@ National Bureau
New Delhi : While Delivering a Guest Lecture at YWCA, New Delhi with more than 250 Females Dr. Naman Utreja, Consultant at Max Hospital, Delhi told that Nothing can stop breast cancer from spreading. Around 55,000 women and 370 men would be told they have breast cancer this year in the UK, and 11,500 women and 80 men will pass away as a result. This explains the origin of wear it pink.
A future where all that changes can be made with your assistance, a time when survivors of breast cancer may see their offspring grow up. and make enduring memories with the ones they cherish. a more hopeful and less fearful future. By 2050, we hope to have a world where everyone who has been diagnosed with breast cancer is alive and receiving the help they need.
What are the risk factors for breast cancer?
Being a woman and being older are the two primary risk factors for breast cancer as most breast cancers are found in women ages 55 and older. Personal/family history, ethnicity, breast density, and menstrual cycle history are uncontrollable factors that might raise the risk. Furthermore, having variations in the BRCA1 and BRCA2 breast cancer genes raises the chance of getting breast cancer.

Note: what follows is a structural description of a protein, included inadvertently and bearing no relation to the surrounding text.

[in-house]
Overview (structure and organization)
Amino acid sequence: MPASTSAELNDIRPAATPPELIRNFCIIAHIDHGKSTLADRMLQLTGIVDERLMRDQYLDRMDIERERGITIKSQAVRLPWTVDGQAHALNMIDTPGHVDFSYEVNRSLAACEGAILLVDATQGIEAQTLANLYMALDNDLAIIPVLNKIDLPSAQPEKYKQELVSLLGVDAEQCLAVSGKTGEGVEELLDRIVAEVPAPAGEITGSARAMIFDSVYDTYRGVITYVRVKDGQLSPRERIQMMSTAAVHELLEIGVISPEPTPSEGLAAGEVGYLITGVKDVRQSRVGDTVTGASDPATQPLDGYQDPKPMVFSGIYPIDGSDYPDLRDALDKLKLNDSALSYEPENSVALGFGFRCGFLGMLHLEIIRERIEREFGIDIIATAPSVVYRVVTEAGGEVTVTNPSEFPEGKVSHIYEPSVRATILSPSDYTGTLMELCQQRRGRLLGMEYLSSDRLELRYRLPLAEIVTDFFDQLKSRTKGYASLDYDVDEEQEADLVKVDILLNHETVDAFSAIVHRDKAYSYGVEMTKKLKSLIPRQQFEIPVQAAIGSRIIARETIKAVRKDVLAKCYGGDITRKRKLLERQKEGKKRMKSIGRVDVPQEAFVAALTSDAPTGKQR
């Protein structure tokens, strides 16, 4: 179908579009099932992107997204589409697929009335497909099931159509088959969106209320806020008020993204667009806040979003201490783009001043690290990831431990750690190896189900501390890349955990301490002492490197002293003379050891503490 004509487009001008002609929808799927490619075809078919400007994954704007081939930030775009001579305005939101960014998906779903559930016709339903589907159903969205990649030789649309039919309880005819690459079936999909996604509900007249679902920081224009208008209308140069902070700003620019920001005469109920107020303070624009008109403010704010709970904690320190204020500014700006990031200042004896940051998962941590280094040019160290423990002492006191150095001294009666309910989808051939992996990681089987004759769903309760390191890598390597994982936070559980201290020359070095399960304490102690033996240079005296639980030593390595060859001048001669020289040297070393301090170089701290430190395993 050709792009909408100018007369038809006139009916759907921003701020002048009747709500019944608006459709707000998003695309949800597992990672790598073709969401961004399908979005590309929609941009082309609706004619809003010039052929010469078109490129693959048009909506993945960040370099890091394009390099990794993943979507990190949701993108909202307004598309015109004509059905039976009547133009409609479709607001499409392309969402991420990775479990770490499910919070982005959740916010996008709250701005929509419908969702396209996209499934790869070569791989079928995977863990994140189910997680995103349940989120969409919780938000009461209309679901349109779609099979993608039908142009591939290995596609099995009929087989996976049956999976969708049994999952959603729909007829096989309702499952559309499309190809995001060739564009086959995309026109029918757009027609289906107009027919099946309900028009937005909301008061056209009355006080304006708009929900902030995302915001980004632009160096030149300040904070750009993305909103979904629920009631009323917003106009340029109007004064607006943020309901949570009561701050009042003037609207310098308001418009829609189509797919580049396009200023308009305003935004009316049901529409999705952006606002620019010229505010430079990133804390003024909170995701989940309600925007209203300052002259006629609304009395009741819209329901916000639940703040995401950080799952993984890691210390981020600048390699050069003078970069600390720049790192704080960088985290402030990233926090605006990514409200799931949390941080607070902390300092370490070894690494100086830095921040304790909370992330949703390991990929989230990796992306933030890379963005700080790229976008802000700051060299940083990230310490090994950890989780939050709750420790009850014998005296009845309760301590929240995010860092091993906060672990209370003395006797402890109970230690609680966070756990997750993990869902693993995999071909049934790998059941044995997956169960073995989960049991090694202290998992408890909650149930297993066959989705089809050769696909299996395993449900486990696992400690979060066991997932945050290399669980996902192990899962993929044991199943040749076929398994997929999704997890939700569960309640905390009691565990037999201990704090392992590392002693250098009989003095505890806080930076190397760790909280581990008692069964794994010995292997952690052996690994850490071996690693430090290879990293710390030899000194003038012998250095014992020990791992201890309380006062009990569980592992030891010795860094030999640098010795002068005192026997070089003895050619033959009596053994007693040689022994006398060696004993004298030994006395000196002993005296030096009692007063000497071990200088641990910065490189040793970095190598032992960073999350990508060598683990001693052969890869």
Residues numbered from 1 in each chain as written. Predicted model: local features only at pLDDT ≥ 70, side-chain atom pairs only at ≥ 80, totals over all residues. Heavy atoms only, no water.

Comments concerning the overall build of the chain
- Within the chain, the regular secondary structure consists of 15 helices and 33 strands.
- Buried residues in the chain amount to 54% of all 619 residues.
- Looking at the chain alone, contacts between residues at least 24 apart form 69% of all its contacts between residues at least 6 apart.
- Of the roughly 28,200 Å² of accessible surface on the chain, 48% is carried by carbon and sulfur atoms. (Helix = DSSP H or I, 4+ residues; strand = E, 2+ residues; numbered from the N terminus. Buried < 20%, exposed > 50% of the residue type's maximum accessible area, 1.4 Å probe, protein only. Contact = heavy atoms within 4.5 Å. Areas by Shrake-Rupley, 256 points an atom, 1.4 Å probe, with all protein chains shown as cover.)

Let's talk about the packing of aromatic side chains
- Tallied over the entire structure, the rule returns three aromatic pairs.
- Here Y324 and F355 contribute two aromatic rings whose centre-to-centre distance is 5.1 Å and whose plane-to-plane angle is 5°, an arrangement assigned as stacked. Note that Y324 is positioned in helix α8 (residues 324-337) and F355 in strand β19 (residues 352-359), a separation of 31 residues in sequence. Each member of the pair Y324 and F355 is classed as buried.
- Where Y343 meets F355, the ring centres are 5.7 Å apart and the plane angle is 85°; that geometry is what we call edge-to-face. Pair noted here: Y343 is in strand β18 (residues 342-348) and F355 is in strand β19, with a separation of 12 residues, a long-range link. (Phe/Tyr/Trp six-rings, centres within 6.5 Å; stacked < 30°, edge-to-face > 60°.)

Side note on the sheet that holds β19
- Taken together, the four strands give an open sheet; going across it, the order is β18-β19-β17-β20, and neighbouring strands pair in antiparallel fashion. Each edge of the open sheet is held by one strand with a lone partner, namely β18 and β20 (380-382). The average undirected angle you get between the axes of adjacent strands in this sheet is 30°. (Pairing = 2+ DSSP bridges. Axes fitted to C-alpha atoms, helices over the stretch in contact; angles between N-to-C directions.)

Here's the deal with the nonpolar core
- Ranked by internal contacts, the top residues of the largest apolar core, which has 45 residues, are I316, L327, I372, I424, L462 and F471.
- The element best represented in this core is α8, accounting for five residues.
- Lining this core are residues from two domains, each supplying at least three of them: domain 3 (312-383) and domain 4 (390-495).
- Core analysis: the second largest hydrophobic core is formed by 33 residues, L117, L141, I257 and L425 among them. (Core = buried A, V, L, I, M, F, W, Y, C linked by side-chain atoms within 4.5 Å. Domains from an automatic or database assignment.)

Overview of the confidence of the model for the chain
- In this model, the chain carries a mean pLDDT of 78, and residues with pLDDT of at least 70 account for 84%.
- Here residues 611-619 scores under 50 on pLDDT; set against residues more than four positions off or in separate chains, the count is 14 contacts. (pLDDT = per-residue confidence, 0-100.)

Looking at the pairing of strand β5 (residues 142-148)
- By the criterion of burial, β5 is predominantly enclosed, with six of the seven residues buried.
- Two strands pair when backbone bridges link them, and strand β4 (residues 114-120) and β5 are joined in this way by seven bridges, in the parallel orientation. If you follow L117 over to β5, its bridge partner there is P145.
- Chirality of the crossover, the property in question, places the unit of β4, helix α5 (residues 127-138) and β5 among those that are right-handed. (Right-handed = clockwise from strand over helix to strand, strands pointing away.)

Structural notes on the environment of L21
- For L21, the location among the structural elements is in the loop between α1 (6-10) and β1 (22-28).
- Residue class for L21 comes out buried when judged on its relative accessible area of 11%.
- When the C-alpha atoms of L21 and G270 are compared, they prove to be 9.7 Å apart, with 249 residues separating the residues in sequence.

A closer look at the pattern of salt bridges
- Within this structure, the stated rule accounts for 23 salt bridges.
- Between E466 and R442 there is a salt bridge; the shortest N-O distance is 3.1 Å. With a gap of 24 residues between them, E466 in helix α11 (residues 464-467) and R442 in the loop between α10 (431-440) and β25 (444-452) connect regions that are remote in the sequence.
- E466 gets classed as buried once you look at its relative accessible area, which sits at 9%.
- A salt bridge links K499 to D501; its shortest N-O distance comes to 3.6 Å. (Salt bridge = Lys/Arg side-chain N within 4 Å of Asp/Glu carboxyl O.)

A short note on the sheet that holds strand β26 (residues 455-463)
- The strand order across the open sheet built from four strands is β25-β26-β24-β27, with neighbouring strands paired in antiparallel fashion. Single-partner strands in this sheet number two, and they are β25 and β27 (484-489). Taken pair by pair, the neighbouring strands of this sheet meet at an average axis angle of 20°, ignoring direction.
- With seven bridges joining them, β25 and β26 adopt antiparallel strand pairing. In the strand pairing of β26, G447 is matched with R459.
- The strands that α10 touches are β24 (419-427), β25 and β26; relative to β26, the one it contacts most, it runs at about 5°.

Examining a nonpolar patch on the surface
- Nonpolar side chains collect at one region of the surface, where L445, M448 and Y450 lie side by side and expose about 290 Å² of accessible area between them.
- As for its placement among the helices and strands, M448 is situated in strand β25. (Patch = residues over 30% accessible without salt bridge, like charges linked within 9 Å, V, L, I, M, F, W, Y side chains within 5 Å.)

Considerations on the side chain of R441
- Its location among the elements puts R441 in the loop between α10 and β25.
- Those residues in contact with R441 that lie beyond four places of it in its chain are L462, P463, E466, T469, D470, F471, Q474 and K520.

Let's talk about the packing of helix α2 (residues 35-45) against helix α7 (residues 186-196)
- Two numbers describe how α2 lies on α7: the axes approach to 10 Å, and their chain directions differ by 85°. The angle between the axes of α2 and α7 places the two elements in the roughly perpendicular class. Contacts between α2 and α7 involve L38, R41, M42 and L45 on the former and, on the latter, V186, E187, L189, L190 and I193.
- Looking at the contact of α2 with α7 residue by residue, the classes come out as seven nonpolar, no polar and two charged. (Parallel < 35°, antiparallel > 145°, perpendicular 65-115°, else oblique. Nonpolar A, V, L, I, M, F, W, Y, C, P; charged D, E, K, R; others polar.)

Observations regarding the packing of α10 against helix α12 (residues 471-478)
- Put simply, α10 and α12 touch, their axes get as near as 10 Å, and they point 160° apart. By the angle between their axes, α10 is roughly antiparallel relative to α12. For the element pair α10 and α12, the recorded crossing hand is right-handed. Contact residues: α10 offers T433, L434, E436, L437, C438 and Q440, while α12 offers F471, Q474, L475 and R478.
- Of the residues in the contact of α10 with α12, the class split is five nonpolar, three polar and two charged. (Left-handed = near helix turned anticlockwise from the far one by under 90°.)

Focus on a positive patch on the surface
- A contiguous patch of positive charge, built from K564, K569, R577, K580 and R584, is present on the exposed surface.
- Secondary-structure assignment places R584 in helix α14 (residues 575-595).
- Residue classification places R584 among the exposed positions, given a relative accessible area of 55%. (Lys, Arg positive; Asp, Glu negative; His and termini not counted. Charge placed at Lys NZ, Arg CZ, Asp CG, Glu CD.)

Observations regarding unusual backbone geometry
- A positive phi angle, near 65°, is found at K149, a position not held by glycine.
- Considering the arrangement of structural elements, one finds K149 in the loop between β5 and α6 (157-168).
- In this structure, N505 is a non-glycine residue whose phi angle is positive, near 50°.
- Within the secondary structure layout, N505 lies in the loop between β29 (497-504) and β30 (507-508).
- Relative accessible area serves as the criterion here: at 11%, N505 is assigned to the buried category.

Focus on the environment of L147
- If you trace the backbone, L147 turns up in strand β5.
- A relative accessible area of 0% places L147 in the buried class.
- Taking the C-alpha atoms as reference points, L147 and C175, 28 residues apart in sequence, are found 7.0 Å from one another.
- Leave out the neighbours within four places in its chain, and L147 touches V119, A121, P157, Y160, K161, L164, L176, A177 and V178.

Birth control pill usage, hormone therapy beyond menopause, having kids, consuming alcohol, being overweight or obese, and not exercising are a few examples of risk factors that are lifestyle-related. A woman does not necessarily have breast cancer just because she has one or more risk factors.
A breast self-exam for breast awareness is an inspection of your breasts that you do on your own. To help increase your breast awareness, you use your eyes and hands to determine if there are any changes to the look and feel of your breasts.
If you notice new breast changes, discuss these with your doctor. Though most breast changes detected during a self-exam for breast awareness have benign causes, some changes may signal something serious, such as breast cancer.